Research - Homework and Practice


  • There is evidence that students who do more homework (and watch less TV) have higher grades, even when other factors are considered (SES, gender, ethnicity, etc.). (Cooper, et al.)
  • Students should see the connection between the lesson and the homework. Also students must understand the assignment and be able to do it independently, with minimal help needed from parents. (Woolfolk, 2001).
  • Differentiate the amount of homework per grade level (increase with grade level). Studies have not revealed a specific number of minutes per night that is ideal, but homework is recommended for 2nd grade and up.
  • Hold students accountable for homework. Providing feedback does not have to be limited to teacher feedback or a grade. Students can check each other's work, for example.
  • Communicate homework expectations and policies as well as learning objectives for the unit to families. This can be in the form of a calendar, list, or posted on the Internet. (Woolfolk, 2001).


  • In order to master a skill, practice is required. Students reached 80 percent proficiency after practicing the skill approximately 24 times. (Anderson; Newell & Rosenbloom, cited in Marzano, et al.)
  • Students should practice to attain automaticity.
  • While practicing, students should focus on understanding the processes and/or reasoning behind the concept.
  • To learn new language, students need to USE it. Structured Oral Language Practice routines ensure each student practices utilizing new language multiple times during every lesson. (Levy & Dutro, 2008). Constructing Meaning: Explicit Language for Content Instruction.
  • David A. Sousa (2006), in How the Brain Learns, calls practice "rehearsal." He recommends using different types of rehearsal methods:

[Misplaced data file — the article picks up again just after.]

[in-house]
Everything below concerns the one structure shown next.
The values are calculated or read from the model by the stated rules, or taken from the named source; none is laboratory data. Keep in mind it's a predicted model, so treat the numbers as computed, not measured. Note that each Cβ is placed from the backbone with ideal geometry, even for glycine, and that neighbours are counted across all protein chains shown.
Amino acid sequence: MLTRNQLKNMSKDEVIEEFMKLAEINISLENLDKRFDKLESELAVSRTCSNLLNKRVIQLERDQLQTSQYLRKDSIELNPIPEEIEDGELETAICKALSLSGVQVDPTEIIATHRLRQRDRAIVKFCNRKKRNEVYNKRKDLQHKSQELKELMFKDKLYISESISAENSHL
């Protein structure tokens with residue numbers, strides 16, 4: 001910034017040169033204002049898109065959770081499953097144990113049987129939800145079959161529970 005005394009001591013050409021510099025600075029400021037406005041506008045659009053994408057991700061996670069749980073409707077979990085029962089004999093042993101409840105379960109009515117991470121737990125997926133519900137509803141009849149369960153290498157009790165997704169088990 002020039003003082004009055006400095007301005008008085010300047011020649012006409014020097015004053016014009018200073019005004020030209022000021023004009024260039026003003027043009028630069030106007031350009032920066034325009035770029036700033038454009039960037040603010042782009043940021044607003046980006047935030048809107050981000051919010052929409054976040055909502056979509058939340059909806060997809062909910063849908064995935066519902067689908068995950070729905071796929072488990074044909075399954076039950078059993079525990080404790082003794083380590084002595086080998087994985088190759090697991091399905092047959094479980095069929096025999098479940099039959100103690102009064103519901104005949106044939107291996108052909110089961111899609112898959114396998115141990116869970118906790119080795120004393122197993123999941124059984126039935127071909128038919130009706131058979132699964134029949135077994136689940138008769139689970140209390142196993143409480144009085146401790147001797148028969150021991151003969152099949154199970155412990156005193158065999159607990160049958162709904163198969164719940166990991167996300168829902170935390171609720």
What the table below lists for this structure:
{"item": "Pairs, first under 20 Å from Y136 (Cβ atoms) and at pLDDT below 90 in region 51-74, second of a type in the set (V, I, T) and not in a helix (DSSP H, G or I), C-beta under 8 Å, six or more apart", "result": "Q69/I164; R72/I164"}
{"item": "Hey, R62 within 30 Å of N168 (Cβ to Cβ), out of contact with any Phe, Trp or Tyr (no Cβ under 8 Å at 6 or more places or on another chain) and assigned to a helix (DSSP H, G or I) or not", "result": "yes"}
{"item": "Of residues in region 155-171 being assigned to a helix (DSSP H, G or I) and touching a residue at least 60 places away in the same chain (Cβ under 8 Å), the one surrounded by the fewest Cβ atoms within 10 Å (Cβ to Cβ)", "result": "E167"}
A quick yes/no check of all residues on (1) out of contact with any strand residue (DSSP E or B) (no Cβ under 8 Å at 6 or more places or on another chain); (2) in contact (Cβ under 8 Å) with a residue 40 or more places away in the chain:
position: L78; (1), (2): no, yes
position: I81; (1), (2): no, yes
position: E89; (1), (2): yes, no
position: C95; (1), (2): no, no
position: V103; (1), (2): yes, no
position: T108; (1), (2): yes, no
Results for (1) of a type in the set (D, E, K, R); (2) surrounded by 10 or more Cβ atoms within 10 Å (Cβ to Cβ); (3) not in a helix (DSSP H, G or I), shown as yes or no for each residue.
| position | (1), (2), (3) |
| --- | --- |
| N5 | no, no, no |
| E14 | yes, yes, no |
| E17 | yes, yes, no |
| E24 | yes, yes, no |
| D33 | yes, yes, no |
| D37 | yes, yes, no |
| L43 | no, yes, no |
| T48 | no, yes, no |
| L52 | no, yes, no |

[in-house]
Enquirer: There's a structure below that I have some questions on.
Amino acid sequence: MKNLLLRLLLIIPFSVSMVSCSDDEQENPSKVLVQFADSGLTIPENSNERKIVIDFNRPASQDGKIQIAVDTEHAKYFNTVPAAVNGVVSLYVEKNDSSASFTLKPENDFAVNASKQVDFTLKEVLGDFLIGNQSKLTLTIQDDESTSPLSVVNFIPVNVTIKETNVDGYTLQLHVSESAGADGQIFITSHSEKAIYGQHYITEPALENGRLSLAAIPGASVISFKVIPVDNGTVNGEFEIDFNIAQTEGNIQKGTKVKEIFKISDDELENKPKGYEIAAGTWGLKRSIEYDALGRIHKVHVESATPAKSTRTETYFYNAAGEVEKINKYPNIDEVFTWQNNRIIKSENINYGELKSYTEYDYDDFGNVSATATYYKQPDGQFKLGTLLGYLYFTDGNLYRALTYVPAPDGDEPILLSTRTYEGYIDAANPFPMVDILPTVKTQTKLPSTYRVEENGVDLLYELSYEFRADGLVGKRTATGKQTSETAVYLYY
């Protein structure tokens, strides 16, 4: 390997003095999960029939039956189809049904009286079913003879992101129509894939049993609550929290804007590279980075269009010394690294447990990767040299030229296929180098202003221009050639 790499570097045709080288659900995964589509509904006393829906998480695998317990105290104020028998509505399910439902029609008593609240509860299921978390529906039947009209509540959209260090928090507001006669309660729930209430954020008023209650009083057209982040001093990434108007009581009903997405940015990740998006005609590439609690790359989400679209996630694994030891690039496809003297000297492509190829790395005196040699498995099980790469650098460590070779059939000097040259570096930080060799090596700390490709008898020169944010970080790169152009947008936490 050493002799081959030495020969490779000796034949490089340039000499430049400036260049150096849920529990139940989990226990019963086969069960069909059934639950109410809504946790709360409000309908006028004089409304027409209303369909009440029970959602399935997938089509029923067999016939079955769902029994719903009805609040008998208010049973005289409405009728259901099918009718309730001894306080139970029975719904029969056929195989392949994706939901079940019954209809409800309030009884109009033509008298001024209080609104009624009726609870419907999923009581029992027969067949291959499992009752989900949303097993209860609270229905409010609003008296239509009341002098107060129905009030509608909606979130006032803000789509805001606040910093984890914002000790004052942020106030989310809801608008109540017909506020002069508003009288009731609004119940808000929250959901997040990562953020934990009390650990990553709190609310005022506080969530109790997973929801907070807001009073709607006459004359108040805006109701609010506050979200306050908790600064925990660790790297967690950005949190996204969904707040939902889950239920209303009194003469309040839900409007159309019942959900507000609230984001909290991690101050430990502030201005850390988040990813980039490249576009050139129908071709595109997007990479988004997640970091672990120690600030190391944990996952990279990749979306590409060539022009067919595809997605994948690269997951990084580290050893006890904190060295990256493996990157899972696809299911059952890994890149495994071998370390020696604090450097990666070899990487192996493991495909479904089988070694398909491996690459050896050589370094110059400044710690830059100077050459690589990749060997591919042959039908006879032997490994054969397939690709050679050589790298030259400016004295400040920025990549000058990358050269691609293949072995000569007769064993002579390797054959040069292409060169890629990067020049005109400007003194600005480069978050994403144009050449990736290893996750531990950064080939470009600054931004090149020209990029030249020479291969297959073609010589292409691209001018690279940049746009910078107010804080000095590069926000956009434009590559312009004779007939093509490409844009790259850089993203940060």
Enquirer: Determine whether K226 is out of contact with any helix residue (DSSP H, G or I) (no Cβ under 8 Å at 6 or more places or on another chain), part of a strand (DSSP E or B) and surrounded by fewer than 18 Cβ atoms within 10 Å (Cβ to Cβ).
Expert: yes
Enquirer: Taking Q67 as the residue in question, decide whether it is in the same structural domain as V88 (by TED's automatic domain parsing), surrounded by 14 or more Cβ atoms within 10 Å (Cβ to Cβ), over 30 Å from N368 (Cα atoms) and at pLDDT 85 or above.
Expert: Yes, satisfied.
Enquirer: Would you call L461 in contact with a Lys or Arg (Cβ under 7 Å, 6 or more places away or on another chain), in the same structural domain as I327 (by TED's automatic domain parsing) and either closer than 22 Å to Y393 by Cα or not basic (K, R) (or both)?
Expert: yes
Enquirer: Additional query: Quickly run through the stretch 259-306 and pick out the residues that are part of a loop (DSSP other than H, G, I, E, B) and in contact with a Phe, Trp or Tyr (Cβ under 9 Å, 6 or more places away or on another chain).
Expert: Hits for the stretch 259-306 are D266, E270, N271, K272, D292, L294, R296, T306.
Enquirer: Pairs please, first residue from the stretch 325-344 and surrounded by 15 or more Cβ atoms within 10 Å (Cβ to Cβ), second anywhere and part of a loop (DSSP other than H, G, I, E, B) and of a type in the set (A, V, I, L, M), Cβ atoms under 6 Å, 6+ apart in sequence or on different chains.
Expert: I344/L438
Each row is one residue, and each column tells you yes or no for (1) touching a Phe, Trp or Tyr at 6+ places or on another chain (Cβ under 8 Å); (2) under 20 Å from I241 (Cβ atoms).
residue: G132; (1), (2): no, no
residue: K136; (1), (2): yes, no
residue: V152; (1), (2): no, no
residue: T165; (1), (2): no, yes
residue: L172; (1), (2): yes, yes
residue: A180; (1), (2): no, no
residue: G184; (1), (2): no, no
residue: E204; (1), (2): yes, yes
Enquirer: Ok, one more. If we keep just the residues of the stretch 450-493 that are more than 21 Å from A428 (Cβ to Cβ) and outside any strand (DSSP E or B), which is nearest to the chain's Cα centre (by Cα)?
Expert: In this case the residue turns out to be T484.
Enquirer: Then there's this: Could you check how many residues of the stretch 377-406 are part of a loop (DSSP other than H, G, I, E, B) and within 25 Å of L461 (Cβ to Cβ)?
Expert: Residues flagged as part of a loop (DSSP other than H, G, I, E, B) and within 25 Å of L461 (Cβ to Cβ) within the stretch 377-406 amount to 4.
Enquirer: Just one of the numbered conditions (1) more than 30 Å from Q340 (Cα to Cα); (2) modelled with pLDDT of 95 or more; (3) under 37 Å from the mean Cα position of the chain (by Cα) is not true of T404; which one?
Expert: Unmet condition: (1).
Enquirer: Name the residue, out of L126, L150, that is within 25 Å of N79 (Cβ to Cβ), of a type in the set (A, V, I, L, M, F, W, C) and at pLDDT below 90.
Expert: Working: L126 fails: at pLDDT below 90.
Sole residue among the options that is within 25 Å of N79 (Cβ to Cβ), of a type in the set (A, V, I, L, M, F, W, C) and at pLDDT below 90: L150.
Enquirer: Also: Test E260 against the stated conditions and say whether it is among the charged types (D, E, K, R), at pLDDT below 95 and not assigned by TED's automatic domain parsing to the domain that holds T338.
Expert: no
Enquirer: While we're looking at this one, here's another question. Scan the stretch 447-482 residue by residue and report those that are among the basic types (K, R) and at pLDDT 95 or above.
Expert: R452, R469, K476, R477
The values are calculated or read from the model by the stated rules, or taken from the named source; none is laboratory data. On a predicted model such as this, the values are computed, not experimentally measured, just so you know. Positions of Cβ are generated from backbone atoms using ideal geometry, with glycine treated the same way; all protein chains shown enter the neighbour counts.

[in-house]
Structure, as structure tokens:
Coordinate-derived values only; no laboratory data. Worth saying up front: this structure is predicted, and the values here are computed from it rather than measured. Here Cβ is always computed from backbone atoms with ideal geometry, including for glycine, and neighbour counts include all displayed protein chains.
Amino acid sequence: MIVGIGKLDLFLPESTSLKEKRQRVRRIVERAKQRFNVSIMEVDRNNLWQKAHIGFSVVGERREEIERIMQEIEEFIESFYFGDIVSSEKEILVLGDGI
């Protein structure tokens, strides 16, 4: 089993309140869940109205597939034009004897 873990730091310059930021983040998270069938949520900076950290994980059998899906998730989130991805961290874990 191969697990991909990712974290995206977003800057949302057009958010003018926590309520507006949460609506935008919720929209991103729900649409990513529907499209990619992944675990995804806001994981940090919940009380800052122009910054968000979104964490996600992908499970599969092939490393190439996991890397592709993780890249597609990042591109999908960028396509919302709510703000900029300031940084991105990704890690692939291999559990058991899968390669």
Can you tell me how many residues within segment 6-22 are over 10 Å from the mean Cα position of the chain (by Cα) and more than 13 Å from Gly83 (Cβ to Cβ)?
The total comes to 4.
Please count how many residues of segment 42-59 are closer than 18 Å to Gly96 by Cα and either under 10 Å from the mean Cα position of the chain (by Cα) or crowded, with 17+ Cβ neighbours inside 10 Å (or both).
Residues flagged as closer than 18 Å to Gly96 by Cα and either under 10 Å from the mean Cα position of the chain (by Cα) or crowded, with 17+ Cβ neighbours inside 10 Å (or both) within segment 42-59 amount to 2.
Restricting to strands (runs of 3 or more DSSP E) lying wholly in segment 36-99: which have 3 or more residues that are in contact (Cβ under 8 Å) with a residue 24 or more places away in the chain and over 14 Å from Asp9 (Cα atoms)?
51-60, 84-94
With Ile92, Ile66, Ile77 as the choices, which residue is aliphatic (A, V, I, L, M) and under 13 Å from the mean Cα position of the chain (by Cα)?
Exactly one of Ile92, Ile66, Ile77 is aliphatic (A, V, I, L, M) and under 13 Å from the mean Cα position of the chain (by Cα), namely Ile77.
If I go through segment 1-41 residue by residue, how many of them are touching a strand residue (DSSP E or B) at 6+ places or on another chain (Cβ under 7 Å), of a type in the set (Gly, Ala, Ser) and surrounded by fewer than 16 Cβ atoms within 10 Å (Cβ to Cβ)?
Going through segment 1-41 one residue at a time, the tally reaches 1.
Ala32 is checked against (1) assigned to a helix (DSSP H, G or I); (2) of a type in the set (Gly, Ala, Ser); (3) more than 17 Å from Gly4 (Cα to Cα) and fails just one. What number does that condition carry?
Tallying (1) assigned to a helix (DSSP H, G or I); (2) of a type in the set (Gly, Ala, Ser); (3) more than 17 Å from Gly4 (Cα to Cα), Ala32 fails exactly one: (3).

"simple repetition" (oral practice for remembering shorter items)

"cumulative repetition" (oral repetition, adding on parts for longer items such as songs and poems)

"paraphrasing" (orally restating ideas in their own words)

"selecting & note taking" (review items and decide which items are important; adding kinesthetic exercise of writing increases retention)

"predicting" (students predict upcoming material-keeps students focused and adds interest; helps them make connections)

"questioning" (students generate questions about content-when students design questions of varying complexity they engage in deeper cognitive processing (Sousa, p. 119).)

"summarizing" (this rehearsal is also called "closure" where students attach sense and meaning to new learning)

While rehearsal doesn't guarantee that students will recall and apply information, there is almost no long-term retention without rehearsal (Sousa p. 88). Rote memorization has its place, however, students also need to attach meaning to learning, which actually creates pathways in the brain to enhance recall! Practice doesn't make perfect, PRACTICE MAKES PERMANENT! Hence the need for guided practice, to assure students learn what was intended.